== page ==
Companies pay big bucks for their tools to appear on TV shows and in movies. You have probably noticed big time placements by Sony, Burger King, and other such companies, but there a lot of tools are used as promo props as well.
Sometimes tools are used as props, as when a Stanley rolling tool workcenter was shown on Dexter.
If you recall, but you probably don’t since it was over 4 years ago, there were oodles of tools featured in Iron Man 2.
It was subtle, but I spotted a Bosch Power Box 360 jobsite radio in a recent Arrow episode (Season 3, episode 10).
The Power Box 360 looked a little weird, so I asked Bosch if they were coming out with a new model, and they said no. Actually they gave me a roundabout answer, saying that they’d send me news about any new products.
On the TV screen, it looked like there were red backlit buttons or media controls. In this screenshot from an on-demand Hulu stream, it looks like the producers slapped some red stickers on the side of radio. One was used to cover up the Bosch branding, and I suppose they felt that it would look more natural – or rather more inconspicuous – if there were other stickers/faux control buttons. Or at least I think those are stickers. What else could they be covering up the battery compartment door?
By the way, in case you missed it 4-1/2 years ago, check out my review of the Bosch Power Box 360! It was an awesome and tough radio, and seeing it on Arrow made me really miss my test sample. I donated it to a non-profit a while back, and while it lacks Bluetooth functionality, it rivals any of the full-sized and fully-featured jobsite radios currently on the market.
It will be interesting to see how the Power Box 360 compares to other recent cordless radios. One feature I really liked on the Bosch radio were the four covered power outlets. Dewalt’s DCR015 jobsite radio features two power outlets, but they’re not covered. International versions, such as the DCR016 and DCR017.
Dewalt has said that:
The spring loaded outlet covers are required by EU compliance standards. We haven’t seen any issues with terminal contamination in the US so therefore didn’t add these costly parts.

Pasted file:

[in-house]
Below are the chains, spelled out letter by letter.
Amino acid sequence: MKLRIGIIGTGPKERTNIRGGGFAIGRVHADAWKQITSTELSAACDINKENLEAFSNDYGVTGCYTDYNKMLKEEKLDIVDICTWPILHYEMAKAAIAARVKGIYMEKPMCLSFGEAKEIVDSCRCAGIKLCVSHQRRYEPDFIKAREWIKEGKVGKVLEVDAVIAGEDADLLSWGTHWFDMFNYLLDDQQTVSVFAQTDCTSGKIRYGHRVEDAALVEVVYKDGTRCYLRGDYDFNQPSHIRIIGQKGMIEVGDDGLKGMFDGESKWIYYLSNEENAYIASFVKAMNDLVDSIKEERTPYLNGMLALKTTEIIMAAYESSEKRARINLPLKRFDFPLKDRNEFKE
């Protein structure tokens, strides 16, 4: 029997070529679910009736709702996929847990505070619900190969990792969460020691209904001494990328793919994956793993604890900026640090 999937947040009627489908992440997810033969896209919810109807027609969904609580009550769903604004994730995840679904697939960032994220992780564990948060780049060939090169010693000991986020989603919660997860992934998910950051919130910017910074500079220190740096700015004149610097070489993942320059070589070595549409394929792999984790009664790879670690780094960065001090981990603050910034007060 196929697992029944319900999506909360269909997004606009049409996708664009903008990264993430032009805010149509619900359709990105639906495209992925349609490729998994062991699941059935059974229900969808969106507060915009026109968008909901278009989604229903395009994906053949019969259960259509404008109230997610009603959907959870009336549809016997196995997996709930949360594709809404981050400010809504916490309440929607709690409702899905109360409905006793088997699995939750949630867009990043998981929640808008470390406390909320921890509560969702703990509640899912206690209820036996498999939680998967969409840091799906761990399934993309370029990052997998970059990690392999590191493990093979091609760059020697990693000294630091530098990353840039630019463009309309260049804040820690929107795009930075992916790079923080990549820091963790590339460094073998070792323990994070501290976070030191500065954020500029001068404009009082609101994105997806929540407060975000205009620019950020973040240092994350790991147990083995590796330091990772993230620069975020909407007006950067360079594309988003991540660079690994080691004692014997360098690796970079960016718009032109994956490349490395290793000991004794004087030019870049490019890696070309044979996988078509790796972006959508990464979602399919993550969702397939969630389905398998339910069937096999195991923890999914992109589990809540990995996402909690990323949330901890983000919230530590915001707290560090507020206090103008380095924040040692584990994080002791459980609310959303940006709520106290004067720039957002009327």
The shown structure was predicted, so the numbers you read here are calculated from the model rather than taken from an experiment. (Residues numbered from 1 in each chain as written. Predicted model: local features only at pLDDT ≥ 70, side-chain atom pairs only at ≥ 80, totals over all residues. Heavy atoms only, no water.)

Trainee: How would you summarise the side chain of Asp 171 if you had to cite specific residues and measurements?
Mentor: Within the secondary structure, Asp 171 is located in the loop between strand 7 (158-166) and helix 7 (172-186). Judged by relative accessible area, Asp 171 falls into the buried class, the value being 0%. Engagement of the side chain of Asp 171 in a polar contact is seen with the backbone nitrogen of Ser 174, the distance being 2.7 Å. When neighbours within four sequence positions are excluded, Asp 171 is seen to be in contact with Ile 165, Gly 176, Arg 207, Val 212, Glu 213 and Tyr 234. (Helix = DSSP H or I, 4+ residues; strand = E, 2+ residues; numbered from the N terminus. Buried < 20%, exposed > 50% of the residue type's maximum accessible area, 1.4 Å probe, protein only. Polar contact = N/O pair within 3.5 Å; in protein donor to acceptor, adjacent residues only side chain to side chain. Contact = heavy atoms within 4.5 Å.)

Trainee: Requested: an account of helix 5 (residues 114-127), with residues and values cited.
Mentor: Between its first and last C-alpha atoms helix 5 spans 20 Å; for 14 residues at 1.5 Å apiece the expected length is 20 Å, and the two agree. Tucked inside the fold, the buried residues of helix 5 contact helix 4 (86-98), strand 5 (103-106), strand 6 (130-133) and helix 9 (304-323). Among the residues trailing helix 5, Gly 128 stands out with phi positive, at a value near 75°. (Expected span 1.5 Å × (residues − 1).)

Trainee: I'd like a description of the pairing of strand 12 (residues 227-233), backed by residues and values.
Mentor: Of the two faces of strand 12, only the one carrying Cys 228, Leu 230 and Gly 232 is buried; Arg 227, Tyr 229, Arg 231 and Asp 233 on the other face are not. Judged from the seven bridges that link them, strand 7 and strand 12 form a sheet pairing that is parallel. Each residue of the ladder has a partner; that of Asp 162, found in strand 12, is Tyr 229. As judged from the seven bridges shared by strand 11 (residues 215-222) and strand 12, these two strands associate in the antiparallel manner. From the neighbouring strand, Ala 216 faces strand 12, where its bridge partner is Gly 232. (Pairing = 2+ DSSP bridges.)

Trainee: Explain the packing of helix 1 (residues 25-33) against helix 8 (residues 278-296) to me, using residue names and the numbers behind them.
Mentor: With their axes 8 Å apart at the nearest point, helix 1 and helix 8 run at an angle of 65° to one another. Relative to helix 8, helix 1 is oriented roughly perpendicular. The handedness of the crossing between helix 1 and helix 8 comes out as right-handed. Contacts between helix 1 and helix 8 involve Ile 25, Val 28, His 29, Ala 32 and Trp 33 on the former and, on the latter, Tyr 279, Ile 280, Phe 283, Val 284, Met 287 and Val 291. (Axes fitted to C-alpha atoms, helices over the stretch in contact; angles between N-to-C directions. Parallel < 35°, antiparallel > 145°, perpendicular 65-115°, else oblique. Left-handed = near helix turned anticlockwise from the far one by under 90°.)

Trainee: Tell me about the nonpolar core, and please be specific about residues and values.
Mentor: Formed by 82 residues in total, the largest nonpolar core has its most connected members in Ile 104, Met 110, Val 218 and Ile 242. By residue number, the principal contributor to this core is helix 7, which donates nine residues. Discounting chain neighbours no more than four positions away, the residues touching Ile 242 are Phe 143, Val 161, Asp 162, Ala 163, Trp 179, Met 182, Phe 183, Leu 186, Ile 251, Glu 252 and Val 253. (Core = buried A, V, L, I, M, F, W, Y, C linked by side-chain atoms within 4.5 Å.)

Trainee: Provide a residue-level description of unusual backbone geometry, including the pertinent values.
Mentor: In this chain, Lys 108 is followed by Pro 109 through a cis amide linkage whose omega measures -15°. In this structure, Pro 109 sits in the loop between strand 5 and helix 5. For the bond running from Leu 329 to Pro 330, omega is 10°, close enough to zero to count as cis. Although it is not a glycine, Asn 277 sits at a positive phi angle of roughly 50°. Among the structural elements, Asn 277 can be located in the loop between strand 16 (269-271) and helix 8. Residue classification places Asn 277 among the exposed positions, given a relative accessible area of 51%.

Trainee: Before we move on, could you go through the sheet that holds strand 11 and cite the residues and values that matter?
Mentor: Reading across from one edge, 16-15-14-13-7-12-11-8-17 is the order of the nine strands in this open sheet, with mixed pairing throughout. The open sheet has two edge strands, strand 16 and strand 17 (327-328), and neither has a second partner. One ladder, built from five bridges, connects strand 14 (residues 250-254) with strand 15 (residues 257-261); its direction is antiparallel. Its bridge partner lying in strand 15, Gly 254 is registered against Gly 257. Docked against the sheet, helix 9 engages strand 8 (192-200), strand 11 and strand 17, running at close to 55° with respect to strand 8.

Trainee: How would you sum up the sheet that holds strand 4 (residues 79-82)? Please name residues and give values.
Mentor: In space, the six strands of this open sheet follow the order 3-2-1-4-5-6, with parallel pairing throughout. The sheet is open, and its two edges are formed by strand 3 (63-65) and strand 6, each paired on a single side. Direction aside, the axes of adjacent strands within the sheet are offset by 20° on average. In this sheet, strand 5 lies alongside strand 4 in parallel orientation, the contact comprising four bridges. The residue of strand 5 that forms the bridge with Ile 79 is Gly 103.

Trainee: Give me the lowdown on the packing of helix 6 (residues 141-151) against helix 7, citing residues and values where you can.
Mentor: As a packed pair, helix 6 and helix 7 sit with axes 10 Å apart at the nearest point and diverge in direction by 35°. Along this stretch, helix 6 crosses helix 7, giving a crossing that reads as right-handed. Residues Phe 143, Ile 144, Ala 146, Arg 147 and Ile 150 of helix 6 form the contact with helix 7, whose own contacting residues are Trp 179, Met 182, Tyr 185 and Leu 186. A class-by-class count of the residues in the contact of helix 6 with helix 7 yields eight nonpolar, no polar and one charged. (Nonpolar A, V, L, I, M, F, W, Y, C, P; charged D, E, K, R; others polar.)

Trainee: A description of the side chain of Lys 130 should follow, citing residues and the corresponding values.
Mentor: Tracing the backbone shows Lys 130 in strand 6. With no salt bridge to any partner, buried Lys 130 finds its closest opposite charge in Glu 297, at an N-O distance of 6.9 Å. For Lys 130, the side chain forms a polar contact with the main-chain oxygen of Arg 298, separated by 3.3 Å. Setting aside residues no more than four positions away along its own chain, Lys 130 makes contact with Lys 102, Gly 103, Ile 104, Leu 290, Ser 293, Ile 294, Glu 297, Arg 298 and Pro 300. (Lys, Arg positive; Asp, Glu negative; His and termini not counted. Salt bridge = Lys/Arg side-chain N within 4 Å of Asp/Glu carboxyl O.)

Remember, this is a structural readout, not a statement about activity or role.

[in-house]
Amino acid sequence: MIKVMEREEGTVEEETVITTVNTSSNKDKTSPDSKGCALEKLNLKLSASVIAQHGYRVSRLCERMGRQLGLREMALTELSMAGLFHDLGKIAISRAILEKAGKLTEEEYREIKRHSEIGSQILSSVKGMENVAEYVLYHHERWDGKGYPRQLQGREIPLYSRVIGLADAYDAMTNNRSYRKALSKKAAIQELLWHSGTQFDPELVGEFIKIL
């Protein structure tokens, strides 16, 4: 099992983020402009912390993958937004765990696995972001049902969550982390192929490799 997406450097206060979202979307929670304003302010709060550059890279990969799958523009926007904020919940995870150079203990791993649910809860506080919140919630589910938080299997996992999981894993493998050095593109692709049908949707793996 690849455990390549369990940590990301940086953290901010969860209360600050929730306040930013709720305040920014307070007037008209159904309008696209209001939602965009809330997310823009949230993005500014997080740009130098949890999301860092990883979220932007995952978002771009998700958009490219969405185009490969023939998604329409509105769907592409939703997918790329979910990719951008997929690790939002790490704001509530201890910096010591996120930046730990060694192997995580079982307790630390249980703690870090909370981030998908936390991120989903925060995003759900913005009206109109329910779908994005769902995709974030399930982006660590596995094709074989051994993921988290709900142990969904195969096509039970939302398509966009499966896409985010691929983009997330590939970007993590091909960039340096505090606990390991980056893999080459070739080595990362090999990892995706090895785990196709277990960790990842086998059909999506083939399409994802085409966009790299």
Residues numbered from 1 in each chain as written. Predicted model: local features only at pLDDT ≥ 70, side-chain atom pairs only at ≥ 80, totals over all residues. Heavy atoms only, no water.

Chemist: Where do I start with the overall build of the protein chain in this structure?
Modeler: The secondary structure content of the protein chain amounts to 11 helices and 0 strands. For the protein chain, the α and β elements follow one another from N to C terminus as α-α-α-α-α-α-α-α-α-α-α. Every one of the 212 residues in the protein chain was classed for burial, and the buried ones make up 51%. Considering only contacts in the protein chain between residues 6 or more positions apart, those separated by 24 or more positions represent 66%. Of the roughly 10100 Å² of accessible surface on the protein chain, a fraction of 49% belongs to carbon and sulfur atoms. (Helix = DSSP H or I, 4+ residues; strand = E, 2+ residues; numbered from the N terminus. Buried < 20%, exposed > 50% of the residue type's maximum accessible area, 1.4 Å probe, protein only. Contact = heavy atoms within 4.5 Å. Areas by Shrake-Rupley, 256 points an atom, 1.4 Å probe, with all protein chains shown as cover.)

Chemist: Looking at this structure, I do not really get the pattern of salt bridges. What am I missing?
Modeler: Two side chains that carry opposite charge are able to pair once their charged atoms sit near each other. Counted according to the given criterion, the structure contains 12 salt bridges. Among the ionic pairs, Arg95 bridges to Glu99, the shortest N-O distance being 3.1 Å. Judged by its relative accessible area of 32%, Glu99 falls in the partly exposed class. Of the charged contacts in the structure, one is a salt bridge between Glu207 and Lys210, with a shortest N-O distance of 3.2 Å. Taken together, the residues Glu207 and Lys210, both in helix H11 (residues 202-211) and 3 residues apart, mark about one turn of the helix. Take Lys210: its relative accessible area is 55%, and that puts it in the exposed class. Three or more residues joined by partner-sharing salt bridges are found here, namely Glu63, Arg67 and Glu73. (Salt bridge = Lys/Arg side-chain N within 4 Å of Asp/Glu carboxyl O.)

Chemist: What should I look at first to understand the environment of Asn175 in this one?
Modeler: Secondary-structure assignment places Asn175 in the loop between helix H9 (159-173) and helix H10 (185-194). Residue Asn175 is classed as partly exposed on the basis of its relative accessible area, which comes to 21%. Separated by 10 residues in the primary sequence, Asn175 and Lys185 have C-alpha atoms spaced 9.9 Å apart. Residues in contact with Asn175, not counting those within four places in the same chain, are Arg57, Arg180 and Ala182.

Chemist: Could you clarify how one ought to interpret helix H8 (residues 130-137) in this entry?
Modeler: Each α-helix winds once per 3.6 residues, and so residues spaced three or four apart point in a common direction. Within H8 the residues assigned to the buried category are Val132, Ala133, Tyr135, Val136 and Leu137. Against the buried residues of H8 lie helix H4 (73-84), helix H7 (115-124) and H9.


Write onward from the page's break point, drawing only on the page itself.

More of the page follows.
Still, I wish Dewalt’s jobsite radio had covered outlets. Dewalt’s radio also has horrible FM radio reception. I asked them if there was a reason for this, and if there was any way to mitigate the static, but they never got back to me.
So you can see why I miss the Bosch Power Box 360 – solid construction, great features, fantastic sound, and covered power outlets. Its only downsides were that it was large and bulky.
I also spotted a Weller battery-powered soldering iron (model BP650MP), although Palmer (the character playing around with the tools) should have sprung for a Hakko. That Weller model has pretty poor user reviews.
There are also a bunch of precision pliers and screwdrivers on the table, and a couple of other accessories as well, but the brands don’t really stand out to me.
Have you spotted any recognizable tools on TV or in movies these days?
funny, I’m aways spying tools on shows, also on Dexter Lithgow with a Kobalt hammer
Spotted a Hazet Assistant tool trolly on Mike & Molly a while back. The episode was about Mike’s trusty old car (toyota i think) needing life support, the tool trolly was in background of his garage during a scene with Mike & friends discussing his unwillingness to send the car to the boneyard. My wife didnt understand my excitment. Kinda brings up the topic of mis propping… Cheapest Assistant trolly is north of $700 and fairly rare in the retail wilds of North America, not something you would normally expect to see. Likely the trolly was picked for its unique colour and looks by someone in property with an eye for industrial design, knowing only that it is pretty and a tool box. Then again, Mike could be a tooly and have a vast unseen collection of premium US and German handtools nearly organzed in a Hazet 179BIG box while utilizing the trolly for beer and snack storage.
Based on the way workbenches look on television, you’d think everyone likes them to be backlit.